USDA Reports Preview

Soybean Supplies Expected To Tighten ... Again

Todd Hultman
By  Todd Hultman , DTN Lead Analyst
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USDA will release its latest Crop Production and World Agricultural Supply and Demand Estimates (WASDE) reports at 11 a.m. CST Thursday, Dec. 10. (Logo courtesy of USDA)

USDA's December World Agricultural Supply and Demand Estimates (WASDE) report is usually a mere formality, but traders will be interested to see how tight USDA says soybean supplies are in this month's report. Aside from soybean stocks, the report should look familiar to those of us here last month.

USDA will release its latest Crop Production and World Agricultural Supply and Demand Estimates (WASDE) reports at 11 a.m. CST Thursday, Dec. 10.


You may recall that last year, USDA phoned the December WASDE report in, leaving the U.S. estimates for corn and soybeans unchanged. Because there is no update of row-crop estimates from NASS in December and demand was reasonably estimated in November, there is a good chance USDA's corn estimates will stay unchanged for a second consecutive year.

Dow Jones' pre-report survey of analysts expects USDA to lower its U.S. ending corn stocks estimate from 1.702 billion bushels (bb) to 1.697 bb, a slight, but unimportant reduction. There is always a chance small tweaks will be made to feed demand, ethanol demand or export demand, but no big changes are likely for any of the three.

Dow Jones' survey expects USDA to lower its estimate of world ending corn stocks from 291.4 million metric tons (mmt) to 289.3 mmt (11.39 bb). Weather conditions in Brazil and Argentina have been drier than normal the past 60 days, but USDA may be reluctant to make a change this early in the season.

For those wondering about new U.S. crop estimates of corn or soybeans, USDA's next report on Jan. 12 is the one to watch for.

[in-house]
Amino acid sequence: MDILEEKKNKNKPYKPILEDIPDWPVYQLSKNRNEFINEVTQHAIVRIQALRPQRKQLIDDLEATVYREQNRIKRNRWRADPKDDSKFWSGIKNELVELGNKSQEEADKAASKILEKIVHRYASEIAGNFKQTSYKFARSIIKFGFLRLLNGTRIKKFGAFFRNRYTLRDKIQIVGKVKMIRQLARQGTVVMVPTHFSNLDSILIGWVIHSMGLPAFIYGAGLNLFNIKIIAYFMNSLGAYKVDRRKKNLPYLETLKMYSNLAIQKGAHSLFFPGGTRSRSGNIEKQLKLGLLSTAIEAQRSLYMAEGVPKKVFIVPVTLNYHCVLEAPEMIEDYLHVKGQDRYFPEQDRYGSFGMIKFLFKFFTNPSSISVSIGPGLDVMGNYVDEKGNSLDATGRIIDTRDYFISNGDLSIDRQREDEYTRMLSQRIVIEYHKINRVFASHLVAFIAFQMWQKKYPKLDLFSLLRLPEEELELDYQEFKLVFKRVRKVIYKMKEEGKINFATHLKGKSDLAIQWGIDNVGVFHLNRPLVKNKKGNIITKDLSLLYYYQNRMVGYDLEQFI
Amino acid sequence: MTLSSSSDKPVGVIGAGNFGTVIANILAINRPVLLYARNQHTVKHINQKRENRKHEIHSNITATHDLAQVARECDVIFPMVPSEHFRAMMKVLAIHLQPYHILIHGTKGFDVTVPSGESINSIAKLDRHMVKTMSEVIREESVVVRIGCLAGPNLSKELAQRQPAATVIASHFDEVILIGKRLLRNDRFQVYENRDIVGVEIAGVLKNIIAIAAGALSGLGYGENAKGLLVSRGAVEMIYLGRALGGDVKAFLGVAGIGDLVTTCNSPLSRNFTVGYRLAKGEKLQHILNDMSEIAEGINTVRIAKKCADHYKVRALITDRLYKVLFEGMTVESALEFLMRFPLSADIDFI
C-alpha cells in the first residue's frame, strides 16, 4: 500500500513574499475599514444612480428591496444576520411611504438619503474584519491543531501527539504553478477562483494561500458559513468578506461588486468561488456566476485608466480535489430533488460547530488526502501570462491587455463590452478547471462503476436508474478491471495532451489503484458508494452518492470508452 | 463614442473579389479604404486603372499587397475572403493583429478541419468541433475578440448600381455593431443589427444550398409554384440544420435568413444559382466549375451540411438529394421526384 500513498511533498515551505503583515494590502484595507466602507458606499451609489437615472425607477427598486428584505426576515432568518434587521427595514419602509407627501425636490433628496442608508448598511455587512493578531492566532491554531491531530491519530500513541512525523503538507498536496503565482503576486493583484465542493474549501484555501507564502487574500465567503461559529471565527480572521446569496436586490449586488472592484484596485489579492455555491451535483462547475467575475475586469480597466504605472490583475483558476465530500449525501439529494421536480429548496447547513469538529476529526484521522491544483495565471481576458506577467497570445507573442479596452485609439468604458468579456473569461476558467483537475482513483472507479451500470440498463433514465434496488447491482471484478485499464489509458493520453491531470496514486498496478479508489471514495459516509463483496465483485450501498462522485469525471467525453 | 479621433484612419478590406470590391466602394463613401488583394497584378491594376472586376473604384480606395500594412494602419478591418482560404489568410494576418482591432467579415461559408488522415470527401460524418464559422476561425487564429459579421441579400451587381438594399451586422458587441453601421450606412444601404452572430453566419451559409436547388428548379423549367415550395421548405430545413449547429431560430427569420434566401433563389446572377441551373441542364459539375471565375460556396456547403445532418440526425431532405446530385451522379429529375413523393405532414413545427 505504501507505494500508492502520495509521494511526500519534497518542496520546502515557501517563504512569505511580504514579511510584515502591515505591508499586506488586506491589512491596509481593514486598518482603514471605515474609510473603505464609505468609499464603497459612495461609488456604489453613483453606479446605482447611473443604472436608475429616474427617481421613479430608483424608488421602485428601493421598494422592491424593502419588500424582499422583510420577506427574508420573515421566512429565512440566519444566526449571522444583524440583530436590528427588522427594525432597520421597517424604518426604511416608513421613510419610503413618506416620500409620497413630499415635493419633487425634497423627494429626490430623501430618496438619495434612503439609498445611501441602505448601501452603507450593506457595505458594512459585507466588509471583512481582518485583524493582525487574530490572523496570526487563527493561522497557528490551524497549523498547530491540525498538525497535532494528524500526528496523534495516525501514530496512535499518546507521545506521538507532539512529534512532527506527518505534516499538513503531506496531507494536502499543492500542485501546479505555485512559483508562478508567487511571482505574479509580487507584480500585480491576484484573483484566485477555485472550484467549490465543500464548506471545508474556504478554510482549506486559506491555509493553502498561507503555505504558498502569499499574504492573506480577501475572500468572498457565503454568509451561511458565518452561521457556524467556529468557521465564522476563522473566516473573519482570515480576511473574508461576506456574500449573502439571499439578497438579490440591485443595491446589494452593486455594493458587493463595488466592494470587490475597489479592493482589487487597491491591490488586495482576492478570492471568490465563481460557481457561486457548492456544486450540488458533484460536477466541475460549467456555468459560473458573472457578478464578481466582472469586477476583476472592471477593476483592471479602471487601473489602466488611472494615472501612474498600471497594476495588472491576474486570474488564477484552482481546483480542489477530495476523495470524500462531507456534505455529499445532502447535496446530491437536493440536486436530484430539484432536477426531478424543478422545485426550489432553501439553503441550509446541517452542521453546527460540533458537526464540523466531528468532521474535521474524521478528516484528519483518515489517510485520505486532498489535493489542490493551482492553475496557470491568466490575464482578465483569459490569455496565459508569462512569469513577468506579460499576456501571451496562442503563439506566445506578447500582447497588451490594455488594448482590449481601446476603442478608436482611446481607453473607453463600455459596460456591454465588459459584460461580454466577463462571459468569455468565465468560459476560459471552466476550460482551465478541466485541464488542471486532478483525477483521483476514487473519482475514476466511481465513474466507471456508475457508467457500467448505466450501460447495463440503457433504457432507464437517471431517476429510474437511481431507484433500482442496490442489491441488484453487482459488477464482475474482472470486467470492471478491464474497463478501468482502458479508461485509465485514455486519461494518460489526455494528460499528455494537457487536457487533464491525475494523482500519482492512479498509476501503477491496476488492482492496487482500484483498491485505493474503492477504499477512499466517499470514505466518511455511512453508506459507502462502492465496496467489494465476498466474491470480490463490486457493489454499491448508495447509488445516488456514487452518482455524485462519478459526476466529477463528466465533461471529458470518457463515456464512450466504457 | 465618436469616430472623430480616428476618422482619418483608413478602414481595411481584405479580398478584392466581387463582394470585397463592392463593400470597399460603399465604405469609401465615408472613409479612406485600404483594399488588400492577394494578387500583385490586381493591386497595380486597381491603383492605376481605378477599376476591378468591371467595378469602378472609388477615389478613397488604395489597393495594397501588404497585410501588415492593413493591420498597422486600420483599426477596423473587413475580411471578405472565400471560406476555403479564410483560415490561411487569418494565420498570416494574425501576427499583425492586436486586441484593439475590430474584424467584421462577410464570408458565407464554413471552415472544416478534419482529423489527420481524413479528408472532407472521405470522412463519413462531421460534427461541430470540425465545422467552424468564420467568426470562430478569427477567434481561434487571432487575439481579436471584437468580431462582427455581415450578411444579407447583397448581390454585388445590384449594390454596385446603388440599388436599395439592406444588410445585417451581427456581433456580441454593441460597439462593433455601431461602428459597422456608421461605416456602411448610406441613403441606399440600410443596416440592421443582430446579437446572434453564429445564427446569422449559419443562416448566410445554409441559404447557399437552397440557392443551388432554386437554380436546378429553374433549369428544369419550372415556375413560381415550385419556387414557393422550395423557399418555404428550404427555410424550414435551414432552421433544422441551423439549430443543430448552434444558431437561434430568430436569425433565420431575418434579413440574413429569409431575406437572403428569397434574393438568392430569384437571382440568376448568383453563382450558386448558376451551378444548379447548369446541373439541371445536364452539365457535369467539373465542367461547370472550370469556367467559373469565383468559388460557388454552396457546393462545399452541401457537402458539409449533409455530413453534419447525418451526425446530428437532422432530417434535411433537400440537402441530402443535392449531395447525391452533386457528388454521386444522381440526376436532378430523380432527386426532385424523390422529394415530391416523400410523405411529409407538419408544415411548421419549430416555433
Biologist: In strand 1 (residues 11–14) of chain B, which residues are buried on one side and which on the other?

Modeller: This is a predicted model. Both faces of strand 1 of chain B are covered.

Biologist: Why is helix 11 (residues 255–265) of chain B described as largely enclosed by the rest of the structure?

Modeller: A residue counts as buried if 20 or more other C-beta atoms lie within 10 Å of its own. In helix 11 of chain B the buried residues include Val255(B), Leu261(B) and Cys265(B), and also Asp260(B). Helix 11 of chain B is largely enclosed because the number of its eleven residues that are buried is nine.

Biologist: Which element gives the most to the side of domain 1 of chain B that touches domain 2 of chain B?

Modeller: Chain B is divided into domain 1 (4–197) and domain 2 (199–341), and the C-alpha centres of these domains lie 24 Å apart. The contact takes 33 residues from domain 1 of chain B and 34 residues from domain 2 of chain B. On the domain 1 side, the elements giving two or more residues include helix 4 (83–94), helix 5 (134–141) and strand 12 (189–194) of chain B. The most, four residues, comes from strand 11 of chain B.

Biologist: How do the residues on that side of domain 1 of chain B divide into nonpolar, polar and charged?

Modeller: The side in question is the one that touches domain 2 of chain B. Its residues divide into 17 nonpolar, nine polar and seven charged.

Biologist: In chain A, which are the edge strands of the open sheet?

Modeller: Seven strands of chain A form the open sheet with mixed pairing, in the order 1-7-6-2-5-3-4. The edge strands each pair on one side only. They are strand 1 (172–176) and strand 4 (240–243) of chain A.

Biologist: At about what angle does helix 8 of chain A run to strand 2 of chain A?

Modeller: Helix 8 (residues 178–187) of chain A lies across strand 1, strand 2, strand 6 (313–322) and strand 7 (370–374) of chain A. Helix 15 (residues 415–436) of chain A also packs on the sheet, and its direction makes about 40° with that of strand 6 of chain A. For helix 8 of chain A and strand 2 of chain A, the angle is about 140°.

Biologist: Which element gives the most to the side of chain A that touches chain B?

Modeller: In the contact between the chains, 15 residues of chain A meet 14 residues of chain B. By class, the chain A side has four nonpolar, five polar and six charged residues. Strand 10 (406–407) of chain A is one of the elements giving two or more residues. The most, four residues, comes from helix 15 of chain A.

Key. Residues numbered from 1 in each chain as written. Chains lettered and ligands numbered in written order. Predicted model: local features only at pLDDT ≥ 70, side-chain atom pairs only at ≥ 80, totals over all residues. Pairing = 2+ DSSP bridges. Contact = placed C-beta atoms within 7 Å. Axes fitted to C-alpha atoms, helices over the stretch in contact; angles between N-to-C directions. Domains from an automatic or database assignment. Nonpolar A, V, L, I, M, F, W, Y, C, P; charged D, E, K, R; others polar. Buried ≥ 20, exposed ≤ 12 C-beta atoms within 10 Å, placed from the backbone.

If USDA kept its estimate of U.S. ending soybean stocks unchanged on Thursday, it would be the third consecutive repeat in December, but I doubt that will happen this time -- soybean exports have been undeniably strong and deserve an upward adjustment from 2.200 bb.

According to USDA's weekly export sales report, there are 1.923 bb of soybean export sales already on the books, or 87% of USDA's export estimate for all of 2020-21. The pace of new export sales has slowed lately, but with USDA already estimating ending soybean stocks at 190 million bushels (mb), there is not much room to accommodate more export sales.

In addition, USDA's soybean crush estimate of 2.180 bb in 2020-21 is only up 0.7% from the previous year, but USDA reported actual soybean crush is up 5% in the first two months of 2020-21, also creating pressure to reduce ending stocks.

Given how tight ending soybean supplies look on paper, it is surprising soybean prices aren't trading higher than they are, but there is plenty of uncertainty yet to work through. Dow Jones' survey expects USDA to reduce its estimate of U.S. ending soybean stocks from 190 mb to 165 mb, a small adjustment that would put the ending stocks-to-use ratio below 4%, if true.

Dow Jones' survey also expects USDA to lower its estimate of world soybean stocks from 86.5 mmt to 85.5 mmt or 3.14 bb. In November, USDA estimated Brazil's local ending stocks at a slight 64 mb as of Jan. 31, 2021. Argentina's local ending stocks were estimated at 378 mb as of March 31, 2021.


Thursday's WASDE report may see some wheat crop estimates adjusted for 2020-21, including a 2.7 mmt increase for Australia, but the report won't have much to say about what traders are most interested in: the next winter wheat crop, now going dormant across the Northern Hemisphere.

Analysts in Dow Jones' survey don't expect many changes Thursday. USDA's estimate of U.S. ending wheat stocks is expected to slip from 877 mb to 874 mb, hardly worth mentioning. So far in 2020-21, U.S. wheat exports are roughly even with a year ago, leaving little to argue about.

USDA's estimate of world ending wheat stocks could increase more than Dow Jones' survey expects, but the official guess is that stocks will increase from 320.5 mmt to 321.5 mmt or 11.81 bb.

Aside from obvious interest in USDA's new estimate of U.S. ending soybean stocks, Thursday's report may not attract much attention, but a surprise is always possible. Join us at noon CST on Thursday for a webinar discussion of USDA's new estimates and what they will mean for prices. Questions are welcome.

Register for Thursday's webinar at:…

U.S. ENDING STOCKS (Million Bushels) 2020-21
Dec Average High Low Nov
Corn 1,697 1,825 1,550 1,702
Soybeans 165 190 113 190
Wheat 874 917 850 877
WORLD ENDING STOCKS (million metric tons) 2020-21
Dec Avg. High Low Nov
Corn 289.3 293.0 285.0 291.4
Soybeans 85.5 86.9 83.7 86.5
Wheat 321.5 325.5 318.5 320.5

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Todd Hultman